Category: Misc./General Career News | Posted by: admin
Article Date: October 17, 2004 | Publication: Sunday Mail | Author: Toby Mcdonald
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GB.NET NOTE: The majority of the contents of this article are from numerous other sources, including the video interview on the official Beowulf & Grendel website.

Star Gerard suffers panic attacks behind Phantom's make-up

SCREEN hero Gerard Butler told yesterday how he suffered terrifying panic attacks behind the mask he wore while filming Phantom of the Opera.

Scots star Butler, 35, earned more than 2million for the big-screen version of Andrew Lloyd Webber's hit musical.

The Glasgow-born actor admitted it was hard dealing with the stifling mask and make-up.

He said: 'The Phantom was really tough. It was the most difficult job I have ever done.

'It was nine hours of prosthetics and all the singing training and the pressure of that - it was craziness.

'There was the timeline we were working to and it was 110 degrees in Montreal.

'We were all wearing wetsuits and thick costumes. I was having panic attacks I was so hot, I couldn't cool myself down.'

Butler - who starred opposite Angelina Jolie in the action-packed Tomb Raider - has been tipped by American critics for an Oscar for his lead role in Phantom, which will be premiered in London in December.

The film, set in the Paris Opera House at the turn of the 20th century, also stars Miranda Richardson and Minnie Driver with 18-year-old Day After Tomorrow star Emmy Rossum as Christine.

Butler, now filming the saga of Beowulf and Grendel, revealed that after being cast as the Phantom, it was his singing voice that provoked panic.

He said: 'When I phoned to tell my mum I was auditioning she said, 'But Gerard, can you sing?' My friends all asked if it was a non-musical version.'

Butler also recalls that even his driver at the time, ferrying him around London for the Tomb Raider sequel shoot, was sceptical.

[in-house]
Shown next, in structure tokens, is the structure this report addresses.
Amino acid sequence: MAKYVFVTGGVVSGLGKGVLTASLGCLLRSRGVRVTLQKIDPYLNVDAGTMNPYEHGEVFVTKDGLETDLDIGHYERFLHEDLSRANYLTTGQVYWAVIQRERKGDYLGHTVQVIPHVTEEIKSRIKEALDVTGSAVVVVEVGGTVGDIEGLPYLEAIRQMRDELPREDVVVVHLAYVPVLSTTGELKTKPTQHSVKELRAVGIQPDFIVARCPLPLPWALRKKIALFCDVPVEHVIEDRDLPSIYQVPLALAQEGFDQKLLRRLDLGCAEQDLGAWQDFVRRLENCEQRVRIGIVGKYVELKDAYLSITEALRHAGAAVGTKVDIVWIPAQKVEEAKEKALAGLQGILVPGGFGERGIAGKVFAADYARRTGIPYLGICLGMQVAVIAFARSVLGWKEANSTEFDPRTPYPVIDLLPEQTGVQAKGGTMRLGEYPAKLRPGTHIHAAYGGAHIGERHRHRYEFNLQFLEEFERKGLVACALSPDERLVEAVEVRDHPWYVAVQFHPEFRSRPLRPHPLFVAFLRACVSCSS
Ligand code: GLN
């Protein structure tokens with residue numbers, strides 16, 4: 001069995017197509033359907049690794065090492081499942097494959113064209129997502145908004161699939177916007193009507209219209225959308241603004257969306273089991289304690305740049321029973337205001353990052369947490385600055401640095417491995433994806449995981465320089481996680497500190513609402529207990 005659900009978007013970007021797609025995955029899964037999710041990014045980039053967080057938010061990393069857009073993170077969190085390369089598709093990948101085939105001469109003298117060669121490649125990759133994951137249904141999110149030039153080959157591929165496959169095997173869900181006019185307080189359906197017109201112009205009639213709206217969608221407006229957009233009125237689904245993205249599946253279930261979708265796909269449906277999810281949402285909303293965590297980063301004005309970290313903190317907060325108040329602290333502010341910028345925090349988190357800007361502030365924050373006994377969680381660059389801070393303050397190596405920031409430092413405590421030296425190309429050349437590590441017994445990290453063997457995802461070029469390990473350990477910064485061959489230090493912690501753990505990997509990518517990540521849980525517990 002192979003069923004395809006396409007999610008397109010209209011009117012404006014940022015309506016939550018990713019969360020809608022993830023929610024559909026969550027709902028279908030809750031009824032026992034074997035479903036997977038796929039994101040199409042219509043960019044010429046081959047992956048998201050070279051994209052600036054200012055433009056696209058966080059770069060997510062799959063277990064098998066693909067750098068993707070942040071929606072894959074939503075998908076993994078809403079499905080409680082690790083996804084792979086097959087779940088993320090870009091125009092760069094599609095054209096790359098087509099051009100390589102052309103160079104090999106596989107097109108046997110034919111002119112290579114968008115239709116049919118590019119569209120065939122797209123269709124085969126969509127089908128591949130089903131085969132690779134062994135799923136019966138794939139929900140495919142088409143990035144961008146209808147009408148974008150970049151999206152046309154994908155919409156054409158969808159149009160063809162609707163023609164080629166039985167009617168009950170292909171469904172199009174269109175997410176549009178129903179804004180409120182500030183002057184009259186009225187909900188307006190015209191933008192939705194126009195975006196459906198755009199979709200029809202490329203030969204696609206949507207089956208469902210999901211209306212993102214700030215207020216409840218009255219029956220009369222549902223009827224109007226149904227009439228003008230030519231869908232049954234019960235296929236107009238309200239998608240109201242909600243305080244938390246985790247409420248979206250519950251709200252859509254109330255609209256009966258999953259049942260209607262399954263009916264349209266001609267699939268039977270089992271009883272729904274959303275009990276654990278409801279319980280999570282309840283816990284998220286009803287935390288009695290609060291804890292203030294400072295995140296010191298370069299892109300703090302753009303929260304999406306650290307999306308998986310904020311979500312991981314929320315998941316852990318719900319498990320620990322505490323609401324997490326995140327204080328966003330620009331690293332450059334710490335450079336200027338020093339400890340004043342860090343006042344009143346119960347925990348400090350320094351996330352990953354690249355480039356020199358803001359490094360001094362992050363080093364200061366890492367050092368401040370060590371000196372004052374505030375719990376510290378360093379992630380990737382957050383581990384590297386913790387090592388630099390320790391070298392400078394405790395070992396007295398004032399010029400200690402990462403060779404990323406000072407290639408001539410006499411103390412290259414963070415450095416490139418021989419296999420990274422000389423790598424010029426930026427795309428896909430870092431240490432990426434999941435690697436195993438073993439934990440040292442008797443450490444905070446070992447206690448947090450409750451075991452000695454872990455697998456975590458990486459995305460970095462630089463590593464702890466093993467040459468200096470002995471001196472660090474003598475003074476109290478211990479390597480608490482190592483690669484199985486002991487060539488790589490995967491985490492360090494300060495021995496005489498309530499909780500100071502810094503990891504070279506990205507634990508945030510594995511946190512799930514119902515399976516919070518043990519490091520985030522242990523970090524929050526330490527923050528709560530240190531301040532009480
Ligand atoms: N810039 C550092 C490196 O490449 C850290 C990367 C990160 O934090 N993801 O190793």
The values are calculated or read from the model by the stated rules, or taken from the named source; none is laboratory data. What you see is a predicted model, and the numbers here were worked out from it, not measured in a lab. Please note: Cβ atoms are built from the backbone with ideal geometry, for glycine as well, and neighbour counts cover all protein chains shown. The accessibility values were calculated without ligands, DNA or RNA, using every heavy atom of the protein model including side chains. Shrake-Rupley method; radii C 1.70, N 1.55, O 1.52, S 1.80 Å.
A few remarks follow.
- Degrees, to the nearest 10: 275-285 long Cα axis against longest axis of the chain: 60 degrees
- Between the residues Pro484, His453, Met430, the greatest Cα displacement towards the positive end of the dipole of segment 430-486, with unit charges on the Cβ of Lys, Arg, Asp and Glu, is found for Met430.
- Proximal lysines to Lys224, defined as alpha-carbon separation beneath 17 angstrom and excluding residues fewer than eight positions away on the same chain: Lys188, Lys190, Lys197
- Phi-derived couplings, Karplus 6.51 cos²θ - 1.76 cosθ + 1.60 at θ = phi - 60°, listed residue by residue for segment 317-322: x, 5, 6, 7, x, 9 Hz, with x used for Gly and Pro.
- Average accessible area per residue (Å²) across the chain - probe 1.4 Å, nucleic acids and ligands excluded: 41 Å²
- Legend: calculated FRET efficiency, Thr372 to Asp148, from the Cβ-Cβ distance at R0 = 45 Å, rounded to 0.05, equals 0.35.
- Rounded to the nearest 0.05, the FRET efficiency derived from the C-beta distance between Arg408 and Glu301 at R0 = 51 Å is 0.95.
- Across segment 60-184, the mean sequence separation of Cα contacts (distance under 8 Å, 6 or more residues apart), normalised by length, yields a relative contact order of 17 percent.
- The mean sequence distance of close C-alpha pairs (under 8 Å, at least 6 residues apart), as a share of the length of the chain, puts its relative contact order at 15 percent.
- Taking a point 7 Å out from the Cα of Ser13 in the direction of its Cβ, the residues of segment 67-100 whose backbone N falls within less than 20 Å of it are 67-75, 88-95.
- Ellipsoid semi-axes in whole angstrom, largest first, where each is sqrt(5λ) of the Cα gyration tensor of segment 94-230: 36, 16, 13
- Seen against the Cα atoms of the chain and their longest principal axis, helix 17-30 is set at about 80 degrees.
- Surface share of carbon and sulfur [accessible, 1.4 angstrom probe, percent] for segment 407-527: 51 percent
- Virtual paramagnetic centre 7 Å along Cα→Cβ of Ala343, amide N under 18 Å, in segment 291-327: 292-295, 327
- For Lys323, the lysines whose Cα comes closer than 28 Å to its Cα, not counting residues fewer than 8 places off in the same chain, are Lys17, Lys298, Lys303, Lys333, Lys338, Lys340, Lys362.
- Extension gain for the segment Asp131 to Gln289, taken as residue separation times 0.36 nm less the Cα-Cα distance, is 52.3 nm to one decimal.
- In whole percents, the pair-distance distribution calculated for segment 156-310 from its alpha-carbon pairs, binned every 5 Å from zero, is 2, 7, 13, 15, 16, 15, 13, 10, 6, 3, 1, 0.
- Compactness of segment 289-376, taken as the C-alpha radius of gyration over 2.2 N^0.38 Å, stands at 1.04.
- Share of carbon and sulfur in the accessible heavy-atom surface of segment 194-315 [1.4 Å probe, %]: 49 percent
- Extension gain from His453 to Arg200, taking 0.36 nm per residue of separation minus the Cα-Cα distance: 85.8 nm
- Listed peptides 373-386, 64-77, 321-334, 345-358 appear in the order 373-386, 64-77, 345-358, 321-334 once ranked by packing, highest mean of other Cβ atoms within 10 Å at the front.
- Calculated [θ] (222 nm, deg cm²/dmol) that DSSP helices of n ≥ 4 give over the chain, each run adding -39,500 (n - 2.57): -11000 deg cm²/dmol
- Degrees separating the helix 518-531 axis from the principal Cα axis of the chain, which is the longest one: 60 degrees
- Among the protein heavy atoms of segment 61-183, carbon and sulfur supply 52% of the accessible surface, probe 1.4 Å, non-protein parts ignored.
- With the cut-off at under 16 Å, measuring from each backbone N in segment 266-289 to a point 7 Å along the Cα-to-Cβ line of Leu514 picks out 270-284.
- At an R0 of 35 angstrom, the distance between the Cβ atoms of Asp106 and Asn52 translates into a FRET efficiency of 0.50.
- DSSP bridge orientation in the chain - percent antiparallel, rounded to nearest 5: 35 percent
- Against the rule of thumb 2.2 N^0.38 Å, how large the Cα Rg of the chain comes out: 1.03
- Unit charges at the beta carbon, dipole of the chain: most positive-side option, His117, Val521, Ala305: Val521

He said: 'I was singing between takes and in my car on the way to and from the set.

'When my driver would phone to confirm the time for my next pick-up, he'd leave singing messages on my machine telling me I'd never be the Phantom, I couldn't sing.

'When he learned I got the part he was leaving messages asking if he could be my driver - I told him where he could go for having so little faith in me.'

Rumours of heated rows on the Phantom set were played down by director Joel Schumacher last week.

He said: 'Gerry and I were friends before we worked together on Phantom. He is one of the least pretentious, most talented, passionate, hardworking actors, with a great sense of humour.'

Butler's pain behind the Phantom mask has paid off with the New York Times already tipping him as an Oscar contender. Their film critic said: 'He is swashbuckling and dangerous. Mr Butler inhabits his role with such sulphurous intensity that his Phantom commands the screen.'

And it's not just Phantom that has earned him plaudits.

Gerard's starring role alongside Emily Mortimer in the drama Dear Frankie was a huge hit at the Cannes Film Festival, winning a 10-minute standing ovation.

He said: 'Around 70 per cent of the audience were crying, but they were happy.

'That's what the movie does. There's something so warm and human about it.'

The film - shot in Glasgow and Greenock - follows the struggle of a mother to conceal from her son the fact that they are on the run from his violent father.

Butler played Billy Connolly's brother in the film Mrs Brown. He said: 'On my first day of filming I had to run naked into the sea - it was November. I had already been on a clifftop with the wind blowing for four hours being doused in cold water before every take.

'I already had the start of hypothermia and then had to run naked into the sea with Billy, who loves to get naked.

'And then to turn round and have the whole crew sitting on the shoreline watching you wade back in. I felt very small, exposed and cold.'

Butler has swapped his Phantom's mask for chain mail armour in his latest role in the Norse saga Beowulf and Grendel.

The epic tale, which inspired JRR Tolkein's Lord Of The Rings, has been shot in Iceland.

In the original poem, Beowulf is the wandering Viking who promises to slay Grendel, a troll who terrorises the Danish king Hrothgar. The 12million film is set amid real glaciers, a fake sixth-century village and a replica of a Viking ship.

Butler, who spent up to eight hours a day in chain mail, said: 'It's been a tough job but it's going to look great. Taking one step in armour is a battle, and when you walk out on the mud it's impossible.

'I got out about 70 yards and had to stop. I thought I was going to have a heart attack. I couldn't do any more.'

Producer Paul Stephens said: 'Every English language hero story is based on Beowulf.

'It's about a hero riding in a Viking ship and slaughtering a monster but our film has a twist - it is not really a monster and the hero is a little more complicated.

'Gerard is going to be a major star. He's already very, very well known but Phantom of the Opera is going to push him right to the top.

'As a result I think he is going to bring Beowulf and Grendel right into the forefront of people's imagination.'